Book Review: Flowers for Algernon

Book cover of Flowers for Algernon
Book cover of Flowers for Algernon

Flowers for Algernon was written by Daniel Keyes in 1966 and (jointly) won the years Nebula Award for Best Novel. It is classified as science fiction, and rightly so, but it does not feel like that is the genre you’re reading. Let me explain.
The story is told through the eyes of Charlie Gordon a 32 year old man who is mentally disabled, suffering from Phenylketonuria. As a result, Charlie has an IQ of 68, which means the affliction severely impairs mental abilities. Charlie is desperate to learn and be smart, which is a result of the severe abuse he received as a child from his mother; She would not accept that Charlie wasn’t ‘normal.’ Researching psychologists at the local university have developed an operation that will drastically increase intelligence, and Charlie Gordon is the first human subject to receive the treatment.
The best part about the book, however, is that it is all told through the journal entries written by Charlie himself. In the first entry, it is clear that Charlie cannot write very well. His spelling, grammer, and sentence structure are drastically below the average. He speaks of very simple things like ‘getting smart’ and his job at the local bakery where he sweeps floors. After he receives the surgery, Charlie slowly but assuredly becomes smarter and his journal entries reflect this, both in ability and insight.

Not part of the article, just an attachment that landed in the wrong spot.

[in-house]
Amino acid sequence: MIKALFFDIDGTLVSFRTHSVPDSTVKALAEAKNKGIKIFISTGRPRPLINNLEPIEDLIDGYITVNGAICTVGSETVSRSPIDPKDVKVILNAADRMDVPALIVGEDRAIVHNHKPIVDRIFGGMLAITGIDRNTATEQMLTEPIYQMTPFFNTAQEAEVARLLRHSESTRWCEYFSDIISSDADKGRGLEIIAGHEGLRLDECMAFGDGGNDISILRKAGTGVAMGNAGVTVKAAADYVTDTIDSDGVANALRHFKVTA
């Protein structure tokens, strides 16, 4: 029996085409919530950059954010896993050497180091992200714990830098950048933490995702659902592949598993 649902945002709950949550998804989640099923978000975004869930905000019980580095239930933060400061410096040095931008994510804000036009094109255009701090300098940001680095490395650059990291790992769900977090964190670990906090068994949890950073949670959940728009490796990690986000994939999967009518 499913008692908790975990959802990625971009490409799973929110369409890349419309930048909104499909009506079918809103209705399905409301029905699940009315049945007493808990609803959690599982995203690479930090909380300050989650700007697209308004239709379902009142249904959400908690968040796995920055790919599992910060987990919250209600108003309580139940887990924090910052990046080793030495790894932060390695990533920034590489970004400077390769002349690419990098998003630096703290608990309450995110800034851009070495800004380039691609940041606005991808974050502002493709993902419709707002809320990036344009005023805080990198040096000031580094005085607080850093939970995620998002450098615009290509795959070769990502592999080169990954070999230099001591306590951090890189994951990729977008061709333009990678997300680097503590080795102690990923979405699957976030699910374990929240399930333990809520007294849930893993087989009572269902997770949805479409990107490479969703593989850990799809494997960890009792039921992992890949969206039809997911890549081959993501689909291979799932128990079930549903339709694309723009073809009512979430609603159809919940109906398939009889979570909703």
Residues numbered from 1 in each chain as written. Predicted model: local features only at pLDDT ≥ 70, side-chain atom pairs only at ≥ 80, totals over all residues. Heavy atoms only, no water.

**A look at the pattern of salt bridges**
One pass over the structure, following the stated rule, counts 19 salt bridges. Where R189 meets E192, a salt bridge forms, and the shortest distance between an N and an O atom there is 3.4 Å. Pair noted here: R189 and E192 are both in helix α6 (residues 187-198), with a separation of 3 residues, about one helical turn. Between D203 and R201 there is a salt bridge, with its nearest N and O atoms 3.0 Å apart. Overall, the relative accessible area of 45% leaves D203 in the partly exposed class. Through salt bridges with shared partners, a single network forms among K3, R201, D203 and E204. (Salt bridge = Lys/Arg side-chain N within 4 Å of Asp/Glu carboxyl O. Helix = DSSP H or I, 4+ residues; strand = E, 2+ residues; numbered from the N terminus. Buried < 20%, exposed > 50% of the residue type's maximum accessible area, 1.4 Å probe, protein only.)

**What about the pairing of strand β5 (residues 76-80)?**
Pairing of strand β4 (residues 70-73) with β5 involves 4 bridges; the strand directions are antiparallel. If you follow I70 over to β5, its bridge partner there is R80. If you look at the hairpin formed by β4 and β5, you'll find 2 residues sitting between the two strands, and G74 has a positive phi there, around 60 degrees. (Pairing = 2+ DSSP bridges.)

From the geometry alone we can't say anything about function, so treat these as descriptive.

This style puts you directly in the shoes of a person with special needs. It gives words to those that have none (or not enough). People with needs in this world are often disregarded, cast aside, or worse, made fun of or ridiculed or abused. The book tackles these issues and attempts to break those stereotypes. The message (in my opinon) is they are people, and deserved to be treated that way.
It’s a heart breaking book, and definitely worth its pages. This is required reading for everyone.

Happy Reading!

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